Riverside Plaza is a housing complex in Minneapolis that encompasses 11 buildings, 5,000 residents, and 1,300 units. It was developed as part of the New Town-in-Town movement from the U.S. Department of Housing and Urban Development in the 1970s. Because Riverside Plaza is just a housing complex, we have to wonder why it was classified as a “new town,” lacking a lot of quintessential city attributes like businesses where residents work. It was developed with the vision of being a self-sufficient, densely-populated urban area that catered to multiple income levels. However, its development has been controversial, as its developers “shunned community input, bought and razed homes and historical structures and were accused of coercing residents and business owners to sell out and get out.” More recently, it has been referred to as the “Ghetto in the Sky,” “Non-Reading Rainbow,” “Little Mogadishu,” and “Crack Stacks,” partly because of its association with lower-income Northeast African immigrants. Some residents say the density of the buildings and its apartment units has helped to foster a strong sense of community, despite and perhaps related to these epithets.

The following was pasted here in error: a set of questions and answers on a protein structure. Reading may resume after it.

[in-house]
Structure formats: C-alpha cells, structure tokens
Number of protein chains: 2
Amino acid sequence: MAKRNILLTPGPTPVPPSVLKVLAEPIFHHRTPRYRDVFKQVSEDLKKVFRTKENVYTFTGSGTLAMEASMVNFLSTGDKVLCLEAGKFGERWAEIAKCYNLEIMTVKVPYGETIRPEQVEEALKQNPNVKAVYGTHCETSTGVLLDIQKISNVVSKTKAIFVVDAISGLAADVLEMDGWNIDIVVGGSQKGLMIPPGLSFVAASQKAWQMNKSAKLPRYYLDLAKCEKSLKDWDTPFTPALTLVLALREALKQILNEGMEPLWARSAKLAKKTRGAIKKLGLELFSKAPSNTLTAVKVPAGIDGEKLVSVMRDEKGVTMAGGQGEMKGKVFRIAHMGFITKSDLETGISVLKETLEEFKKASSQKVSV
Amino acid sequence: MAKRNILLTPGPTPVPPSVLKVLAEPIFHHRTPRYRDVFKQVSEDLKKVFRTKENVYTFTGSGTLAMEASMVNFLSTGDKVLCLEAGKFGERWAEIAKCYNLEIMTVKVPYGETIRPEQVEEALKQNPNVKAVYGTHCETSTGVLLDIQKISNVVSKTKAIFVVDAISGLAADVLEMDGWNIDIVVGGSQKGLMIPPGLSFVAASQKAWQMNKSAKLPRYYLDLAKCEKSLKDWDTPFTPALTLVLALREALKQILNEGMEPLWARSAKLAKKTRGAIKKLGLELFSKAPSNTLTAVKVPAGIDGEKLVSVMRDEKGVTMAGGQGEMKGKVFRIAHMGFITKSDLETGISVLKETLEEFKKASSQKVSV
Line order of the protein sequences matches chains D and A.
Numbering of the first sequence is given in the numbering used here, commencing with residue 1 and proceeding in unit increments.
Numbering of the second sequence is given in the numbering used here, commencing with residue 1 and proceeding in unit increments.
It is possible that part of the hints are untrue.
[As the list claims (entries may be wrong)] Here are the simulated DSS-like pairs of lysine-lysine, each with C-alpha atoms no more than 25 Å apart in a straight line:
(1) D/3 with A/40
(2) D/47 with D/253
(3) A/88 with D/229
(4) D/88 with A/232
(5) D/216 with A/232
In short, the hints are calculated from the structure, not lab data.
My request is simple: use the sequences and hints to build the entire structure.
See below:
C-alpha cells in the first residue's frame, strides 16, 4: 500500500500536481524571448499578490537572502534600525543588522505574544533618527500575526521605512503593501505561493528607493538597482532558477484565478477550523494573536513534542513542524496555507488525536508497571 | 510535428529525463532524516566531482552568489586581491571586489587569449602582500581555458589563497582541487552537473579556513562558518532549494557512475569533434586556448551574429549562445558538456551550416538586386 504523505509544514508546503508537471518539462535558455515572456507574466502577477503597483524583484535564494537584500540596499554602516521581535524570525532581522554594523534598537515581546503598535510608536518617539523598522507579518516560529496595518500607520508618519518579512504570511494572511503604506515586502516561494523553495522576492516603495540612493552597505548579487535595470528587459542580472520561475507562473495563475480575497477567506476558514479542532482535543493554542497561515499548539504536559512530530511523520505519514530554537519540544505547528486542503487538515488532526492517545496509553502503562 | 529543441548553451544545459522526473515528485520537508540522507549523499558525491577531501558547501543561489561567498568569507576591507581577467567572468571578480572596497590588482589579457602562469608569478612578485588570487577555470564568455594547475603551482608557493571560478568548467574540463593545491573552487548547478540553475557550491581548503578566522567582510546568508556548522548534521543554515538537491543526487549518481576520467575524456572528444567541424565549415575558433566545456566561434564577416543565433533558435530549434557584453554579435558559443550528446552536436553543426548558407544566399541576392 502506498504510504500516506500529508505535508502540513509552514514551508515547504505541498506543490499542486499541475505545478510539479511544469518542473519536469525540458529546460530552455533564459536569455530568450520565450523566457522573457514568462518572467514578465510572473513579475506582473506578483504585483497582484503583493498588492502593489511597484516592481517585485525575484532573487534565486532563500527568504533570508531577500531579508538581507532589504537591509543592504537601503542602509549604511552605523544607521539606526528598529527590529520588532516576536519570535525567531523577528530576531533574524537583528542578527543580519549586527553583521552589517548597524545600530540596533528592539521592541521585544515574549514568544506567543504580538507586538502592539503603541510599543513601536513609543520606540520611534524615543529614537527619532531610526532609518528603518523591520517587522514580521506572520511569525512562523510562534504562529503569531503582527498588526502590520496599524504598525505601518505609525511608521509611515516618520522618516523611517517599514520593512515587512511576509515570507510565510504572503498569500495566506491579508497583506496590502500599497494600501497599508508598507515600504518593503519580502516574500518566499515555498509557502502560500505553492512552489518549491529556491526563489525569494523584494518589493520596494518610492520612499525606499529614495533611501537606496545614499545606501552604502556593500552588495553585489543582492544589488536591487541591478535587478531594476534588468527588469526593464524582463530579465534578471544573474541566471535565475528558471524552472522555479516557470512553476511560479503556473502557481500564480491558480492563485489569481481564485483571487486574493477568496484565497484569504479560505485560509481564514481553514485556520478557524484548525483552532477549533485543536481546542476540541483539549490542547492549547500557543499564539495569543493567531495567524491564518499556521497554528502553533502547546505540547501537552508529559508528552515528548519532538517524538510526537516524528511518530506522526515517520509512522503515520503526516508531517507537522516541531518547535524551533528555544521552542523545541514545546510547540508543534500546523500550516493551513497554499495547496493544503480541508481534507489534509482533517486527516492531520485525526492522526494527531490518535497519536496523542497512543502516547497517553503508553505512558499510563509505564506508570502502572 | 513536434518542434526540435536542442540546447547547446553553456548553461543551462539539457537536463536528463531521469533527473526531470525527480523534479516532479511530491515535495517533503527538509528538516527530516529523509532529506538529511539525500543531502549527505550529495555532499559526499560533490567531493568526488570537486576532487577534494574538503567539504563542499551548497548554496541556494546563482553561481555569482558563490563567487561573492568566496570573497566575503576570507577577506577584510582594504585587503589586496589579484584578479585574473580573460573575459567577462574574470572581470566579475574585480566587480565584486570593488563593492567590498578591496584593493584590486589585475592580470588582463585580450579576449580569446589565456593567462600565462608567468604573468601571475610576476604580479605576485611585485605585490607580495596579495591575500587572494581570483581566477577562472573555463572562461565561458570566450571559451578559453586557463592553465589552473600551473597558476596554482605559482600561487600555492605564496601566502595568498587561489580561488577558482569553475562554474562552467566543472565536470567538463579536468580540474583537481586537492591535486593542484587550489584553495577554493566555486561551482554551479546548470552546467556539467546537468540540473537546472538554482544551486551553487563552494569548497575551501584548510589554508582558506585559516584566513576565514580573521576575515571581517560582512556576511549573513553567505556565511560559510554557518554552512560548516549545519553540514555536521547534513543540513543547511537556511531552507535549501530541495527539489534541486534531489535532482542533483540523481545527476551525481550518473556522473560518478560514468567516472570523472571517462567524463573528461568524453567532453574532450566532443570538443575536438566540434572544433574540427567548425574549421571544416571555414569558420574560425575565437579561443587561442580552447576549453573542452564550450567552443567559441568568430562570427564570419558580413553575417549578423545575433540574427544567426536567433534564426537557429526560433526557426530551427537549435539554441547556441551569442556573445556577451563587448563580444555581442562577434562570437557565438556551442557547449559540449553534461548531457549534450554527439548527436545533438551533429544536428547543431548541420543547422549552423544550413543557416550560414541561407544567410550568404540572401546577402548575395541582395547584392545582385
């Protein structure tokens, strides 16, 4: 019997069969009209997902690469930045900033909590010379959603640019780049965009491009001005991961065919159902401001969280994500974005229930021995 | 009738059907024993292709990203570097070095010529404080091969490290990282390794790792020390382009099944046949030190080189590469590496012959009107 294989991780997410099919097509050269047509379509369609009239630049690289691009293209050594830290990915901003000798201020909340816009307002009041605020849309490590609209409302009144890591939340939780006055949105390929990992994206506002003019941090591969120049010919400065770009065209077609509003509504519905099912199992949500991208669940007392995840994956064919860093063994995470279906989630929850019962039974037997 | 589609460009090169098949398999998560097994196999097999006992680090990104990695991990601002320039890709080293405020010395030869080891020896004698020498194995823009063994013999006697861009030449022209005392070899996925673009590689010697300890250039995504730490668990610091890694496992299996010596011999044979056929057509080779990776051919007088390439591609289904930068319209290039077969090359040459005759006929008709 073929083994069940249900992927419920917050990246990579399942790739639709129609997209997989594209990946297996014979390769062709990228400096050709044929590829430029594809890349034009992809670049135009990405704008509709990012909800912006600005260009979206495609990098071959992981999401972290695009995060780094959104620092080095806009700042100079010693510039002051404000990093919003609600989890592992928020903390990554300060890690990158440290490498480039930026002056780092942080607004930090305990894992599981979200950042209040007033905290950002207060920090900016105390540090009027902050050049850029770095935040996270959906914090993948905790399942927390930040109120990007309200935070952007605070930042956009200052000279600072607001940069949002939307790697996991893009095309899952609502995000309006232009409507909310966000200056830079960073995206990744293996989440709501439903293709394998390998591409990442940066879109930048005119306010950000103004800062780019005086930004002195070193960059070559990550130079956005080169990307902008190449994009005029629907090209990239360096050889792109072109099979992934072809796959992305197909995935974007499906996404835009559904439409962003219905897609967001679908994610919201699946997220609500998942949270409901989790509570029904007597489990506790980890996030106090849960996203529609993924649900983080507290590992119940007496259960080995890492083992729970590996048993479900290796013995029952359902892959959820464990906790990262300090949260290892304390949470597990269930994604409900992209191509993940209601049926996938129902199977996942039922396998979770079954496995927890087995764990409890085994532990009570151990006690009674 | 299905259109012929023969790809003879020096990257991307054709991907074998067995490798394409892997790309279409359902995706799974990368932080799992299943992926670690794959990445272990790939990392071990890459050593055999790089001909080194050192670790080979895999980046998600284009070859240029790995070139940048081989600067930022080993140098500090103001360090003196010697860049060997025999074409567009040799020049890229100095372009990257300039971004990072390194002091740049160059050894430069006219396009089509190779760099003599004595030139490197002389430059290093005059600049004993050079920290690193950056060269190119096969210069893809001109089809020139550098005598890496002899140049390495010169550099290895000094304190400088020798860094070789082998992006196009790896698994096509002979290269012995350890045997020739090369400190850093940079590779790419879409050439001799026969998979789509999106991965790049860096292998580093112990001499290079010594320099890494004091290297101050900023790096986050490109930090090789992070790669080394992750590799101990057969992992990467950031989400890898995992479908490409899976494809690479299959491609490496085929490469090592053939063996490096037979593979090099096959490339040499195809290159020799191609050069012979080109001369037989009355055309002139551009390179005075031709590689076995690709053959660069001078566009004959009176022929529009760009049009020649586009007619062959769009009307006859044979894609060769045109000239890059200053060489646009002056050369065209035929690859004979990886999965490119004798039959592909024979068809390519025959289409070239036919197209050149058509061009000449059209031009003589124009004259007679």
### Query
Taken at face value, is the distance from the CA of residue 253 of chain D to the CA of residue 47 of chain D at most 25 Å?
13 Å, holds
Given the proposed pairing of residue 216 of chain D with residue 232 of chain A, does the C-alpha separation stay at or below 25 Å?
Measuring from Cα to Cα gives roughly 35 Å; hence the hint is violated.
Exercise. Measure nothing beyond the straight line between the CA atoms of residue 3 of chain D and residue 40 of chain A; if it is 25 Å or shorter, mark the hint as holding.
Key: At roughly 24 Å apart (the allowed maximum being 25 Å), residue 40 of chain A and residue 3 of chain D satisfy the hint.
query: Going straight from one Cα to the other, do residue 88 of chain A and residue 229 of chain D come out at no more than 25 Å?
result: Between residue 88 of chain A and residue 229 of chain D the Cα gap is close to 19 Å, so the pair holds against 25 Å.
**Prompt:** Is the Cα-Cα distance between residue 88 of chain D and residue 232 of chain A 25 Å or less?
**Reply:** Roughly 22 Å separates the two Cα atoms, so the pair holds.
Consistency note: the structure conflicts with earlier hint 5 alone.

Image source: http://digitours.augsburg.edu/items/show/15?tour=1&index=10